Freed from the basketball purgatory that is the Sacramento Kings, DeMarcus Cousins is joining a dynamic team in the New Orleans Pelicans and could potentially be heading to the playoffs for the first time in his career this season. Yet while Cousins is one of the main winners in the trade that sent him to New Orleans on Sunday, the deal has an adverse affect on his bank account.

Thanks to the new collective bargaining agreement, Cousins was eligible to sign a designated-veteran-player contract extension with the Kings this summer. This was built into the CBA so teams could offer their star player more of an incentive to re-sign with them. This long-term super max deal is only eligible for players that want to re-sign with the team that drafted them. Players that were traded while on their rookie contract are also eligible for the same deal with the team that acquired them. 

Cousins is a free agent in 2018 but because of this new CBA rule, he would have been able to extend his contract with the Kings by five years this upcoming summer. Sacramento could have given Cousins a supermax long-term deal that would have paid him well over $200 million. Cousins planned on signing that extension this summer, which is a big reason why he repeatedly said he wanted to remain in Sacramento.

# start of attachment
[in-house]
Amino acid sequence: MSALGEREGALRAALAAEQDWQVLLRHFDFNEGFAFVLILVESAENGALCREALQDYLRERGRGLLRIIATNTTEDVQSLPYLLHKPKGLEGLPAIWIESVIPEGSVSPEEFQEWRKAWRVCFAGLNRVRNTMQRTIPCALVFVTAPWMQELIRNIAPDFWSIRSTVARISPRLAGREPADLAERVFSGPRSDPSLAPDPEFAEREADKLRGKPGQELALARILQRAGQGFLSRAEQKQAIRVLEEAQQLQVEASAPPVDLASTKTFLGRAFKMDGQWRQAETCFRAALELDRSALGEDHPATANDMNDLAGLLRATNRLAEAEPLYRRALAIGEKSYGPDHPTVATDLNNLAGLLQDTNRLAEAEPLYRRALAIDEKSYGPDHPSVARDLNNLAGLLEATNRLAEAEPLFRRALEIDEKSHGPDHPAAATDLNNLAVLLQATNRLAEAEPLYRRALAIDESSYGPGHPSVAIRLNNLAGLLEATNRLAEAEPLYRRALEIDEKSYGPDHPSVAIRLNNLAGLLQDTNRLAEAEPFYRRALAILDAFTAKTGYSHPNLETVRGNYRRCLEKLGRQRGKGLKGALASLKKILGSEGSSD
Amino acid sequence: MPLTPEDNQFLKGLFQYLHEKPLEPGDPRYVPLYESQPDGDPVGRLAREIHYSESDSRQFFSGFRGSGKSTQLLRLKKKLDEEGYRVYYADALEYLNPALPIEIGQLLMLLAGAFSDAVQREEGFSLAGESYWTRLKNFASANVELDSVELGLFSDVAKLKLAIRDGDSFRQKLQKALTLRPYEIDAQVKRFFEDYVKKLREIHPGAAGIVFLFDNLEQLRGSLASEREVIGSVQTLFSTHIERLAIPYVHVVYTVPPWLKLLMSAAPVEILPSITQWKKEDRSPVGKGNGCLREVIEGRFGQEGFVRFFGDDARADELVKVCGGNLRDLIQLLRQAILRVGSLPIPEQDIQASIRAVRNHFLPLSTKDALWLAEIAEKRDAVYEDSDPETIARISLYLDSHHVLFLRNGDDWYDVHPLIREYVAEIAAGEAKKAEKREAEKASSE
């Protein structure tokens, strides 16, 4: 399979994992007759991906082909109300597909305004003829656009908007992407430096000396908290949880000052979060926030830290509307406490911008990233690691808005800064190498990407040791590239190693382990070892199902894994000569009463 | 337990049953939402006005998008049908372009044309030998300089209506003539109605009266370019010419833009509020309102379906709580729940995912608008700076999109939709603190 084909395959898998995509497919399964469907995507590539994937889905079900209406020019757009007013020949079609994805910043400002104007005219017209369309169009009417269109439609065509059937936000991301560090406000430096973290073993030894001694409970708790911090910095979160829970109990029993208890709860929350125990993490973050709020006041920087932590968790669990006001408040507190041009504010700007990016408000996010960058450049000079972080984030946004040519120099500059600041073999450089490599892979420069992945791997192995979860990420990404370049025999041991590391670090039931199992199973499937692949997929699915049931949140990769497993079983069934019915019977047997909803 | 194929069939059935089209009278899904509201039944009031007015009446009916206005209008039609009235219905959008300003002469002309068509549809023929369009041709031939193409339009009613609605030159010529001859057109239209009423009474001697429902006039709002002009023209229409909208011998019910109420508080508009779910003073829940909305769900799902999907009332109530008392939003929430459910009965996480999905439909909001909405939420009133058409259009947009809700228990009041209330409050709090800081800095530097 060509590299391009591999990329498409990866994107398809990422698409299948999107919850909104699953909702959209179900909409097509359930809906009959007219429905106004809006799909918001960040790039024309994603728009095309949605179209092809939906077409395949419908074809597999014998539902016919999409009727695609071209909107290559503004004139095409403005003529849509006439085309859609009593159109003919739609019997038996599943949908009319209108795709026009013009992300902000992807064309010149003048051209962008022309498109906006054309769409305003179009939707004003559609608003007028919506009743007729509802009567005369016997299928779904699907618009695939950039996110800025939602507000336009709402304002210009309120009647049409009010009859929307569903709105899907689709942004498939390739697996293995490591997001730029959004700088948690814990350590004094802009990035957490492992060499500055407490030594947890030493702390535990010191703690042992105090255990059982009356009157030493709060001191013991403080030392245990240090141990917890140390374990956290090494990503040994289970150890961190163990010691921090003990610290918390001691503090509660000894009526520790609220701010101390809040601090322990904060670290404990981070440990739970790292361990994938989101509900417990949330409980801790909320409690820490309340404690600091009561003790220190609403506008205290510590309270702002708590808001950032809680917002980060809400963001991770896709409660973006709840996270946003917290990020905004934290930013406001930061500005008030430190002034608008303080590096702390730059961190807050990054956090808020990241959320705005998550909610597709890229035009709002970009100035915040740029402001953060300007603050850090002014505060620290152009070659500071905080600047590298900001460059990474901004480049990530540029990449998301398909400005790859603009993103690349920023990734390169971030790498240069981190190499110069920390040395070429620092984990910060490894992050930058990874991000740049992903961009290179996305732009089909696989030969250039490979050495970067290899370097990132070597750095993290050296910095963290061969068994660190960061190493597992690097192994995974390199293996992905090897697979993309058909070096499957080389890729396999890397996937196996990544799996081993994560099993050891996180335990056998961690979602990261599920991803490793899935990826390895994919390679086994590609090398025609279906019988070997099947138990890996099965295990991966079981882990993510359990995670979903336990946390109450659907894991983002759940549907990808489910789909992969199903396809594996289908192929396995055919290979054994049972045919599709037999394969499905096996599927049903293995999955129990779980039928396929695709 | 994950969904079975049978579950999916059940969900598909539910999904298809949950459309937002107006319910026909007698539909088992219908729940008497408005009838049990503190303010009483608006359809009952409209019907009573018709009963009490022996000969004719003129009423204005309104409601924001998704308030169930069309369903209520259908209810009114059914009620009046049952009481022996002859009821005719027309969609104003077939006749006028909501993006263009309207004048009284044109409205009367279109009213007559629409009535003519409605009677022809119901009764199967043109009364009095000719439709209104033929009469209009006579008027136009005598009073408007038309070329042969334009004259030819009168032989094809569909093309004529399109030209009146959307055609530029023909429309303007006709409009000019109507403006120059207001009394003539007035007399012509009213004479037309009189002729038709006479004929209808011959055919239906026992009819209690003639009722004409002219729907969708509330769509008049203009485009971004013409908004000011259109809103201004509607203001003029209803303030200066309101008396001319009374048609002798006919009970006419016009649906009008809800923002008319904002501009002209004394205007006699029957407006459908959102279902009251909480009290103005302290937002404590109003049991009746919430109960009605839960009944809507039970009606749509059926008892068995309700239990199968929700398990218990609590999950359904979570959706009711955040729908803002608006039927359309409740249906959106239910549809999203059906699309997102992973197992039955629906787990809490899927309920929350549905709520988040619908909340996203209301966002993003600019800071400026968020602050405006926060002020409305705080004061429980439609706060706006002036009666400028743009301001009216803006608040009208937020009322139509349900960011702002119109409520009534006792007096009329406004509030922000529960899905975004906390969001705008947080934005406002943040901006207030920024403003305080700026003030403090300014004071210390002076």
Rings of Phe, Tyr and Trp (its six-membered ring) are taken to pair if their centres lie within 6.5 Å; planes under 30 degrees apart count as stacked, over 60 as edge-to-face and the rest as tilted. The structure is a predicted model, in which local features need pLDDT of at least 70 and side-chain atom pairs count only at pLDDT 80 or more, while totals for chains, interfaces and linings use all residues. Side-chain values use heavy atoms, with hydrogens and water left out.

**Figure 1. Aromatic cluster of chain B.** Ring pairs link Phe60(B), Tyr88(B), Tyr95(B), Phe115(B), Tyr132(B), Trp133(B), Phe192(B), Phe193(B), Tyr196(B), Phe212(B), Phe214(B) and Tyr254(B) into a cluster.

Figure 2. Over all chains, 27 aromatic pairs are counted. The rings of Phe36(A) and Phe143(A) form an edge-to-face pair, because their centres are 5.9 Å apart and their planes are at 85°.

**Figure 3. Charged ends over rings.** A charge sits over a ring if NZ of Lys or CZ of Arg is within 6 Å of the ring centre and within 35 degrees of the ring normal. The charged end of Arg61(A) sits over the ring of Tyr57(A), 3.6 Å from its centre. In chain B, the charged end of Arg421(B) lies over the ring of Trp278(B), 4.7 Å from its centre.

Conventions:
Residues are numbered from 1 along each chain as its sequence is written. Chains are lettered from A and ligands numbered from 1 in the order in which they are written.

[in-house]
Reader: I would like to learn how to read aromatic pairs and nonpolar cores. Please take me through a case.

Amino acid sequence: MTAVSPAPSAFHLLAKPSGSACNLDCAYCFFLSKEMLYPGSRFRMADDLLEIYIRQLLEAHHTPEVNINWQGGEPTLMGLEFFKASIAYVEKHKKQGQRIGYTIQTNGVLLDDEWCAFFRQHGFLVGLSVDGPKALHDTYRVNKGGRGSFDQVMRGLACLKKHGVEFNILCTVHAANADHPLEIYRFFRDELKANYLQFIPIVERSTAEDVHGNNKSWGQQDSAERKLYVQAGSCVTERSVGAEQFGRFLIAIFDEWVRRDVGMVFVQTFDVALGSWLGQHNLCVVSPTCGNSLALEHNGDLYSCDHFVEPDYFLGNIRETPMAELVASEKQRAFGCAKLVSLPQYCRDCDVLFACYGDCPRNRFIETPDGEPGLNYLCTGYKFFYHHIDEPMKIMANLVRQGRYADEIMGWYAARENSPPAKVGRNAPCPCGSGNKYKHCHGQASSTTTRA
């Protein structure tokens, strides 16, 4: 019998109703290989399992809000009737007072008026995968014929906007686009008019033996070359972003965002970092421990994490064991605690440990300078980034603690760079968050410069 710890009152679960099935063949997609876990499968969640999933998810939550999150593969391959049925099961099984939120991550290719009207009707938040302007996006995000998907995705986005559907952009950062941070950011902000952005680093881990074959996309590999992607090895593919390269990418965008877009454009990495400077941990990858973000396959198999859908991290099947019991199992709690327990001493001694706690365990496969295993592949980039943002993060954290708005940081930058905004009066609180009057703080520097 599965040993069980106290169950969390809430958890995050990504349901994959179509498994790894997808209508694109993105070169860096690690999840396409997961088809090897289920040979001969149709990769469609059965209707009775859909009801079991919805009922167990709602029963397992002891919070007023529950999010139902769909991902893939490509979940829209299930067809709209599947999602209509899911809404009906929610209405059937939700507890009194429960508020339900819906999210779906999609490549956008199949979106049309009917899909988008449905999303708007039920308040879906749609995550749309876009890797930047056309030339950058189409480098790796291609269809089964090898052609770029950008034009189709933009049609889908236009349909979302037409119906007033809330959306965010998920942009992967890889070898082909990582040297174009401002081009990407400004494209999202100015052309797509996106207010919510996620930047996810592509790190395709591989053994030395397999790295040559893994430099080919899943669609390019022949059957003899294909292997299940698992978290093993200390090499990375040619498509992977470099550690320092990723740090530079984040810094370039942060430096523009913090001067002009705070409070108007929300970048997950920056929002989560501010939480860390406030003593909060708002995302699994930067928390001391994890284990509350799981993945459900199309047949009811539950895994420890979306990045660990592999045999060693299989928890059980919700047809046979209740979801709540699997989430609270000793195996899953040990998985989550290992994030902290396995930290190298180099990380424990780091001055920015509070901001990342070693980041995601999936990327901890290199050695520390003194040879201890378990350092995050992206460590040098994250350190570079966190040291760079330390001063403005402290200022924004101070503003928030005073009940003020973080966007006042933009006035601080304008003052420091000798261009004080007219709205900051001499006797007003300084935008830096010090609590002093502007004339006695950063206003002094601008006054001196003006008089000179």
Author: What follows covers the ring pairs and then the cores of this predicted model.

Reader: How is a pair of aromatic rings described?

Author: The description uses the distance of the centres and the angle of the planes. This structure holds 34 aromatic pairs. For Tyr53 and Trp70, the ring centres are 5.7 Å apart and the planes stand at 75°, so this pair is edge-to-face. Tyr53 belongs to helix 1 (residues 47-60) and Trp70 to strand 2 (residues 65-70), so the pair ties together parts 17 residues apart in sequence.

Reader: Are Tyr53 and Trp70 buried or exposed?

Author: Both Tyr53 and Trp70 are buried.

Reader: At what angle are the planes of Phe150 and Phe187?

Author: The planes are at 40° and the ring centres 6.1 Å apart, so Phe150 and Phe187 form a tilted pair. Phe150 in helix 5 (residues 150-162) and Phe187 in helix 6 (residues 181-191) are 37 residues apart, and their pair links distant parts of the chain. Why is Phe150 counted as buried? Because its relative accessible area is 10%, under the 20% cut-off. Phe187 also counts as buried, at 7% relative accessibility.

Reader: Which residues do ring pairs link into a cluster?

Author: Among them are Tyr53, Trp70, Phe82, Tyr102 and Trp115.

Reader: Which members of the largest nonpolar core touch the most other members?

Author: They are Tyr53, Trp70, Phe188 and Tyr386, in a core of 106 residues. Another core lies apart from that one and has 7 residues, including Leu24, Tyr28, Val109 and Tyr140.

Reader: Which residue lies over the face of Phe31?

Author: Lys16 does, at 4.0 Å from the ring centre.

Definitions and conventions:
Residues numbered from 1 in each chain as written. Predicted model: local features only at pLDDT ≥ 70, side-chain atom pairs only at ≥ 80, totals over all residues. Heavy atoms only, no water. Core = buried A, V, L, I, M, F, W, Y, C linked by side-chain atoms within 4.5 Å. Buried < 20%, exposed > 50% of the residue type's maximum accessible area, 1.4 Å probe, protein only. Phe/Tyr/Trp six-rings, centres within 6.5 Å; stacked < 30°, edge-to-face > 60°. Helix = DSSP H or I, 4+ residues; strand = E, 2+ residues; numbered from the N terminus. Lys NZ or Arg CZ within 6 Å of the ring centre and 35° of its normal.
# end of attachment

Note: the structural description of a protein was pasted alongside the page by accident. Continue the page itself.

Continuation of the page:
But the Kings apparently didn’t want to give Cousins that long of a contract for that much money, so they traded him to New Orleans. And now Cousins is not eligible to sign a designated-veteran-player contract extension with the Pelicans, since they didn’t draft him and he is no longer on his rookie deal. The Pelicans can only offer Cousins a five-year, $180 million deal, which is about $30 million less than what he could have earned from the Kings if Sacramento didn’t trade him.

New Orleans isn’t guaranteed to re-sign Cousins either. Cousins will be a unrestricted free agent in 2018 and could sign wherever he wants to. He will have plenty of suitors too, especially if he continues playing at an All-Star level. 

But the main takeaway in all of this is that while Cousins is likely heading to a better situation with the Pelicans, his forced departure from the Kings has made a significant impact on his career earnings -- something which could add fuel to the fire whenever Cousins plays against the Kings for the rest of his career.